Shoulder revision repair surgery not as successful two years later, say researchers

Long-term outcomes of revision arthroscopic rotator cuff repair surgery is not as successful as in a first-time surgery, according to researchers from the Orthopaedic Research Institute in Sydney, Australia, who are presenting their work today at the American Orthopaedic Society for Sports Medicine's (AOSSM) Specialty Day.

"According to our results, with revision arthroscopic had gained short term (six months post operatively) functional and clinical improvements. However, these gains pretty much disappeared by two years following surgery," said lead researcher, Aminudin Mohamed Shamsudin, MD, M.Medicine (Ortho) from the Orthopaedic Research Institute in Sydney, Australia.

Shamsudin and his team analyzed and followed-up with 360 arthroscopic rotator cuff surgery patients where they compared the functional and clinical outcomes of 310 primary cases with that of 50 revision cases. The revision group patients were older with a mean age of 63 while the primary group patients had a mean age of 60. The primary group also had a larger rotator cuff tear on average. Two years after surgery the primary group reported less pain at rest, during sleep and with overhead activity compared to the revision group. At two years, the primary group also had better forward flexion, abduction, internal rotation and strength compared to the revision group. The re-tear rate for the primary rotator cuff repair was 16 percent at six months and 21 percent at two years. The re-tear rate for the revision rotator cuff repair was 28 percent at six months and 40 percent at two years. The increase in re-tear rate in the revision group at two years was associated with increased pain, impaired overhead function and less overall satisfaction with shoulder function.

"Further studies are needed to identify ways to improve long-term outcomes following revision arthroscopic rotator cuff surgery. However, our results do highlight the long-term success of primary rotator cuff surgery and may help patients understand the realistic expectation of the outcomes of revision arthroscopic rotator cuff surgeries," said Shamsudin.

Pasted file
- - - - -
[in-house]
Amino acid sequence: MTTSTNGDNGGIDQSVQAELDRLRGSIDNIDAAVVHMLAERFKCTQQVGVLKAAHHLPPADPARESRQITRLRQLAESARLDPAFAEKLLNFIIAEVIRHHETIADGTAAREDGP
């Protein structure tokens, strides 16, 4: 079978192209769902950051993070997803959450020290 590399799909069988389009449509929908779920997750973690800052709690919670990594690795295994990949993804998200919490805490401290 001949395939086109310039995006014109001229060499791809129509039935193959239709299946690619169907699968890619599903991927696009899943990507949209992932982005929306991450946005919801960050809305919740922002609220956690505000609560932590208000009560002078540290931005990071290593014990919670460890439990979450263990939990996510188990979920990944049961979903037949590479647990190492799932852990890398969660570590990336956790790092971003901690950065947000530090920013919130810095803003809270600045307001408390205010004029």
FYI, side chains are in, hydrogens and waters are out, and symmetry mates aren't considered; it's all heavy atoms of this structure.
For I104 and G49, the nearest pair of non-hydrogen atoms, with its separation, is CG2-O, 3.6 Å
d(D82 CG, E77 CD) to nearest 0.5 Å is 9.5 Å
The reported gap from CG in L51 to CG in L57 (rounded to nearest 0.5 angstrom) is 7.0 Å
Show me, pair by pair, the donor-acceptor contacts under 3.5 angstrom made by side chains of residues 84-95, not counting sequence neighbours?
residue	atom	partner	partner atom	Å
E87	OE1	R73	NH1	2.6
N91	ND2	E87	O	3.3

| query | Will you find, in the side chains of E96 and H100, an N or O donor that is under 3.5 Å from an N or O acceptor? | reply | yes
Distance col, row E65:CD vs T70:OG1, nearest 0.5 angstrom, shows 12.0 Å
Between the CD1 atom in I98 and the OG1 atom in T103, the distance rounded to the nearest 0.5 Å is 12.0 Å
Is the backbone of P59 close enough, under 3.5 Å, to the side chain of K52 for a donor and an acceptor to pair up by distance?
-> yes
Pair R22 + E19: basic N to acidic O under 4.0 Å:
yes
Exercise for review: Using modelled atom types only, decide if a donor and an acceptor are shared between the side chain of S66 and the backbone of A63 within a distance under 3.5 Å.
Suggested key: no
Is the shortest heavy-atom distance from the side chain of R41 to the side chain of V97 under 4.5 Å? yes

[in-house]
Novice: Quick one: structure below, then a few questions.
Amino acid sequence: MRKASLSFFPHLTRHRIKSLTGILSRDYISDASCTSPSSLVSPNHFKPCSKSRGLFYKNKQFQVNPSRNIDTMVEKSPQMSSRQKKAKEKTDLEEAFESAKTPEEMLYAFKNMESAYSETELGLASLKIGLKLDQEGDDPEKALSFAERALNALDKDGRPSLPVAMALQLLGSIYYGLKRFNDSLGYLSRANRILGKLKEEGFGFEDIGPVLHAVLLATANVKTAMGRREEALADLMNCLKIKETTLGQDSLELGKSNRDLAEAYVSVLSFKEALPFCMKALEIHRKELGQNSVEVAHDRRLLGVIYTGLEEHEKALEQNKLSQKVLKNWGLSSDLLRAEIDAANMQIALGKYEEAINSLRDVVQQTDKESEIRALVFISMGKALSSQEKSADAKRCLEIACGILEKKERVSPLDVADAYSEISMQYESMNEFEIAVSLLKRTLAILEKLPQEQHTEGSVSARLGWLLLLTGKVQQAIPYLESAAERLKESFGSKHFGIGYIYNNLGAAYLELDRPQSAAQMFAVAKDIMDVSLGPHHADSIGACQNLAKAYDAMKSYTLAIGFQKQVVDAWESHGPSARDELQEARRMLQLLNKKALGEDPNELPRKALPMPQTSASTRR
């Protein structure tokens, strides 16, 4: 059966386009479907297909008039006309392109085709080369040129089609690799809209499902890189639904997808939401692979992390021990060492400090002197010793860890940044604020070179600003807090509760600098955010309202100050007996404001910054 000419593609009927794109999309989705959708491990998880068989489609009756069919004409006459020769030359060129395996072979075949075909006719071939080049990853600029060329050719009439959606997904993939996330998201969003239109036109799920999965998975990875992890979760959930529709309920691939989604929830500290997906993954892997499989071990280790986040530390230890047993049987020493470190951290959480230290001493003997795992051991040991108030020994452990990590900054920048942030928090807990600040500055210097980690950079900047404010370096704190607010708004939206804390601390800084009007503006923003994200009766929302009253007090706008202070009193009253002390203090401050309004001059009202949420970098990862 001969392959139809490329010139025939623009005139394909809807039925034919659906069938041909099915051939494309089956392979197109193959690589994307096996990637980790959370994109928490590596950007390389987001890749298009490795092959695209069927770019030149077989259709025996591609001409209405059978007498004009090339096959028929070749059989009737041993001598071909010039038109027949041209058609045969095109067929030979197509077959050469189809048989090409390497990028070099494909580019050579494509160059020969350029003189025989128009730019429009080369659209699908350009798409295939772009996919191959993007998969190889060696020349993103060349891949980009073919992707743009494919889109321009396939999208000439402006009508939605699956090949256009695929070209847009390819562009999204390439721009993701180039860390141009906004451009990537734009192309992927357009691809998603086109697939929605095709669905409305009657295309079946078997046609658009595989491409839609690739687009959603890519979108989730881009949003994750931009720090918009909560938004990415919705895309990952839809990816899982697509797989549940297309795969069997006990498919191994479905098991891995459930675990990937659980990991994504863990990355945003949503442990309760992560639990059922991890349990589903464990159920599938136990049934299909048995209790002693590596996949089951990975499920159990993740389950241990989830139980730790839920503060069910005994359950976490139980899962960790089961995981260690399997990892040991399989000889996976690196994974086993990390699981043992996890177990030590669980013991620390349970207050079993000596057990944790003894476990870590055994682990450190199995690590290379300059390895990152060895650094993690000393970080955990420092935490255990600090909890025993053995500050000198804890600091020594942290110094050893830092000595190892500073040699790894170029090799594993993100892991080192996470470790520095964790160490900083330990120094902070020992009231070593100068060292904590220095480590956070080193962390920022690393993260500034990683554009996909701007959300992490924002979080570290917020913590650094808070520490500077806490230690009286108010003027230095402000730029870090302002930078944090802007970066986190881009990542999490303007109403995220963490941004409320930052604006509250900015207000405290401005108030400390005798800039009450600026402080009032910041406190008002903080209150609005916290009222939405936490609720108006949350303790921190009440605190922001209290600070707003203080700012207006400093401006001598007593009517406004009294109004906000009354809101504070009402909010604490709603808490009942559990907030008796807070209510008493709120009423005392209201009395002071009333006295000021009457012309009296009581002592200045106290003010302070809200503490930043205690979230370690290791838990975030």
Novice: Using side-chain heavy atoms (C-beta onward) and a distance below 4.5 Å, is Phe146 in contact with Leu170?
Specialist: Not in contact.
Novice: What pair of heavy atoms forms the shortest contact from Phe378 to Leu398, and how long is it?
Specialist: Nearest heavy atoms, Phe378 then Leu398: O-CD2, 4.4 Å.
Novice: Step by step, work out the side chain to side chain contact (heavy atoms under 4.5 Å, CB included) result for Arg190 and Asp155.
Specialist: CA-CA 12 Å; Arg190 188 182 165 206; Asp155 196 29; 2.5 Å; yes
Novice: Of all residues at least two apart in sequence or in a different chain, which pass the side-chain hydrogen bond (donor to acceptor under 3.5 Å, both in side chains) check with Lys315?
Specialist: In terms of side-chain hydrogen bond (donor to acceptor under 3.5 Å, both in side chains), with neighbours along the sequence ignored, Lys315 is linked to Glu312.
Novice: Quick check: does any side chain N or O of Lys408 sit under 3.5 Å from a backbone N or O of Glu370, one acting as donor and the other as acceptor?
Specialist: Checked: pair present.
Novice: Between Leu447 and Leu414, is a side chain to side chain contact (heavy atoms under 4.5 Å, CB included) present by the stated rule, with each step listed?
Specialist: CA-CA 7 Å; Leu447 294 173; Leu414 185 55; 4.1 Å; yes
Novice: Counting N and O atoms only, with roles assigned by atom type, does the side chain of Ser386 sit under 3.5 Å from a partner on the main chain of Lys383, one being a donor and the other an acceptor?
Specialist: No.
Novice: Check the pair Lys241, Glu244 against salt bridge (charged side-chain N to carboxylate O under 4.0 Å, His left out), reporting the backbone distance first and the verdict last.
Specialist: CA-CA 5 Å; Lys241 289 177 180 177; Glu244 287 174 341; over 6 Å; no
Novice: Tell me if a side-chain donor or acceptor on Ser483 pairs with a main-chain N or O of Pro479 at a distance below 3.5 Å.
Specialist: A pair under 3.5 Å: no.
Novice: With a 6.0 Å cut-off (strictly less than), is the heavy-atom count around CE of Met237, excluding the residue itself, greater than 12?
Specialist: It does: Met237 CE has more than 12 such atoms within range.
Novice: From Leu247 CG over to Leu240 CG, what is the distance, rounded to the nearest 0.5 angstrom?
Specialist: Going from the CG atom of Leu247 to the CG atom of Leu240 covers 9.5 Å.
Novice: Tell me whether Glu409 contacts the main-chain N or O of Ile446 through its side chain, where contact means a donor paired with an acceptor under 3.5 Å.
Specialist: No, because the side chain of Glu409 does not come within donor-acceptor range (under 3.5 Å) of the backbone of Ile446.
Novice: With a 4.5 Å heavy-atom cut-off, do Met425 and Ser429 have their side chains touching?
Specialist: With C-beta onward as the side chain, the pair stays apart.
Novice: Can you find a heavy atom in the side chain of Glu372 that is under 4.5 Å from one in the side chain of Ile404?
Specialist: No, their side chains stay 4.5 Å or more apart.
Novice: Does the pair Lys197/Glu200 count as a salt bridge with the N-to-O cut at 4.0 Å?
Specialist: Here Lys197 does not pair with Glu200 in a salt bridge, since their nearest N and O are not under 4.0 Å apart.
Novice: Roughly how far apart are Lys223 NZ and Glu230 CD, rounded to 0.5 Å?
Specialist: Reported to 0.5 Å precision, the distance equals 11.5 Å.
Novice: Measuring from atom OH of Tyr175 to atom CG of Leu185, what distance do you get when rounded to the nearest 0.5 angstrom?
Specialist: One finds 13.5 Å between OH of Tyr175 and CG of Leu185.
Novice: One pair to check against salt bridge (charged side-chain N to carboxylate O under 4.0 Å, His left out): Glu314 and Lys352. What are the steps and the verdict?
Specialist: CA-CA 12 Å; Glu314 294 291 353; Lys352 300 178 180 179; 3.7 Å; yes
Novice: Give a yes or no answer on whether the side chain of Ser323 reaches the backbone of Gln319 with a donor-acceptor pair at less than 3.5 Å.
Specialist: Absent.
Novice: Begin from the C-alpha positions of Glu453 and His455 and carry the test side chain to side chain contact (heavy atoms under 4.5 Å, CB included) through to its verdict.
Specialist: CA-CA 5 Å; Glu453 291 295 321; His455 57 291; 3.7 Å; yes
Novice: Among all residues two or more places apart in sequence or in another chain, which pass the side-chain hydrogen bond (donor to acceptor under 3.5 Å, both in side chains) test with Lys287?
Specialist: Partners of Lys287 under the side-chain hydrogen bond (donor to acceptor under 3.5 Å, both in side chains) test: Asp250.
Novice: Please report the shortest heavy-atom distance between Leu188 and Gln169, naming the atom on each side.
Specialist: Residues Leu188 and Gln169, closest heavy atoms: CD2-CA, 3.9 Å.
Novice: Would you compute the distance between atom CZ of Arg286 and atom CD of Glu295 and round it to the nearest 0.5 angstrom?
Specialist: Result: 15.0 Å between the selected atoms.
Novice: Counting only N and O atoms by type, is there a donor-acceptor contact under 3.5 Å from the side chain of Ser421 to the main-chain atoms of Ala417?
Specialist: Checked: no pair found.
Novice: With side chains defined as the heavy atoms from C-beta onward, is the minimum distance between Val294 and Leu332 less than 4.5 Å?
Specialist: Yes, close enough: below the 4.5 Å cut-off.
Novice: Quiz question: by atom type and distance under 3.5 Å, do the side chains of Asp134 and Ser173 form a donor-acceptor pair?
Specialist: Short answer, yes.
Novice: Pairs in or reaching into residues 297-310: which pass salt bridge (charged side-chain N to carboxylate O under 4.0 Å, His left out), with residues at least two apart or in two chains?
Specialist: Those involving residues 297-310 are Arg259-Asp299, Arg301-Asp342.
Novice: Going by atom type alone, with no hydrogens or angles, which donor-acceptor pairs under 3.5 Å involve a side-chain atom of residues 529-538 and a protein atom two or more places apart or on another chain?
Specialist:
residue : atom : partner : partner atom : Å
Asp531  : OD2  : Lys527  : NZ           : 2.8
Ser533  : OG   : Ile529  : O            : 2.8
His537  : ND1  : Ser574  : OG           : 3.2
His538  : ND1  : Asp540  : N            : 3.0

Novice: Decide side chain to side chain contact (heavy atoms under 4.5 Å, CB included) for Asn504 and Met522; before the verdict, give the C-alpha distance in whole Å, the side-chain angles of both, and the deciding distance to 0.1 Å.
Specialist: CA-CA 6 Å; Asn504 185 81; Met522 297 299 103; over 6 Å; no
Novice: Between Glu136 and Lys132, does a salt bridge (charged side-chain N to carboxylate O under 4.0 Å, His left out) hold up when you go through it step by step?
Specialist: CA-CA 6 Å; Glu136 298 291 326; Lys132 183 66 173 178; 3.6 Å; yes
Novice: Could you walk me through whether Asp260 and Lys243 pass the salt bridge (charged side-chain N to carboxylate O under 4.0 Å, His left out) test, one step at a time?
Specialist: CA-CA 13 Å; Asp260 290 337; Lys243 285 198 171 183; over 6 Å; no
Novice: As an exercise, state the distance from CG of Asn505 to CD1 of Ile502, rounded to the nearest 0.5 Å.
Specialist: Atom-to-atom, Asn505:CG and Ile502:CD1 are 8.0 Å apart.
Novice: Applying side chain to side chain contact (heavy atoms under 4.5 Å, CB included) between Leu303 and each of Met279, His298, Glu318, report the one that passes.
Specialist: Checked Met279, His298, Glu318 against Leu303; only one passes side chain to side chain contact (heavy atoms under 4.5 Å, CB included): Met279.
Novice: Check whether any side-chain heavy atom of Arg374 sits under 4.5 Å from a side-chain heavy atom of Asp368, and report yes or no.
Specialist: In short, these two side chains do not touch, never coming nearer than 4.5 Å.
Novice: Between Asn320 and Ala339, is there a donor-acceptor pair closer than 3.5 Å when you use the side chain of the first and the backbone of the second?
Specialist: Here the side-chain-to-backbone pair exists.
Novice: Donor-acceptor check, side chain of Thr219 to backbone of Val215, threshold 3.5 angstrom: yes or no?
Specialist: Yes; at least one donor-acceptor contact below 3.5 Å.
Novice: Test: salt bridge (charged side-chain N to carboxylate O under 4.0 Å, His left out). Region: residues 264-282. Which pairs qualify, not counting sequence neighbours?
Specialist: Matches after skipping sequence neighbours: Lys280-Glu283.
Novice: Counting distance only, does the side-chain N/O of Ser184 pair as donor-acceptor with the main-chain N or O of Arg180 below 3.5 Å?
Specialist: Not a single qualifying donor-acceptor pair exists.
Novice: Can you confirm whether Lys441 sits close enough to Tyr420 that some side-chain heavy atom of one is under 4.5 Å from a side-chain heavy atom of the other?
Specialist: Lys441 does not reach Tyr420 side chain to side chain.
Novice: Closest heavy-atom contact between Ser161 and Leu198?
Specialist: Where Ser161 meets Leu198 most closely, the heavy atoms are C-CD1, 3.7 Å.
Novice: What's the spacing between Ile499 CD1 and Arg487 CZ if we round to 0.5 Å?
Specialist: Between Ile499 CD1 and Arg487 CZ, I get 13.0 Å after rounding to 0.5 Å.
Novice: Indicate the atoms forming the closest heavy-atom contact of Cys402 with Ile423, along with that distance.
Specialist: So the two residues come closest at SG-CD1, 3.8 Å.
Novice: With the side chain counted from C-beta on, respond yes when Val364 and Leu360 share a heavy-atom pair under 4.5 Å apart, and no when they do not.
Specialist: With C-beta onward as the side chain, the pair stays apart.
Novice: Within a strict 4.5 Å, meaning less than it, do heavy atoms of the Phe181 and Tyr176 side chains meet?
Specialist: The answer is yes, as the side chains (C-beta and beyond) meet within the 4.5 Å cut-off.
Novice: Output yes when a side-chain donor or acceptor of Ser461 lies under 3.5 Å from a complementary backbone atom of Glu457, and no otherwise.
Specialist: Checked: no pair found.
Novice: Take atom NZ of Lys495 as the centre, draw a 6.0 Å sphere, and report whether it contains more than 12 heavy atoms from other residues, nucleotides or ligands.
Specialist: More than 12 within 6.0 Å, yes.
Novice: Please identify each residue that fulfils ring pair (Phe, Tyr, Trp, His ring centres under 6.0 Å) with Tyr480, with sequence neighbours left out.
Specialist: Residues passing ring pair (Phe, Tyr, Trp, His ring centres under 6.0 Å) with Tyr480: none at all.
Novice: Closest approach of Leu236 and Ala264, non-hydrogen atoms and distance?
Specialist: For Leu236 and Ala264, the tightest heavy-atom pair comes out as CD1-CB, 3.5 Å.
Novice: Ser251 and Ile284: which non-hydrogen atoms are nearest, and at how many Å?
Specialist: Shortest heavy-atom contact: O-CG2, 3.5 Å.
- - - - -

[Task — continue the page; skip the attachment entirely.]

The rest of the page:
Provided by American Orthopaedic Society for Sports Medicine

5 /5 (2 votes)
add to favorites email to friend print save as pdf

Related Stories

Successful outcomes for most failed rotator cuff repairs

Jan 29, 2014

(HealthDay)—More than half of patients with failed rotator cuff repair have successful outcomes, and the presence of retear negatively affects clinical outcomes, according to two studies published in the ...

Research aims to improve repair of rotator cuff injuries

Mar 10, 2014

Rotator cuff tears are among the most common orthopedic injuries suffered by adults in the United States, due to wear and tear or the effects of age. With a 94 percent failure rate for surgical repairs of ...

Recommended for you

Females ignored in basic medical research

20 hours ago

A new study from Northwestern Medicine has found that surgical researchers rarely use female animals or female cells in their published studies—despite a huge body of evidence showing that sex differences can play a crucial ...

Technology to eliminate fungus from surgical materials

23 hours ago

Specialists in Mexico have developed a system that combines antifungal properties of different materials. This scientific product destroys microorganisms that proliferate in the living systems and confers ...

User comments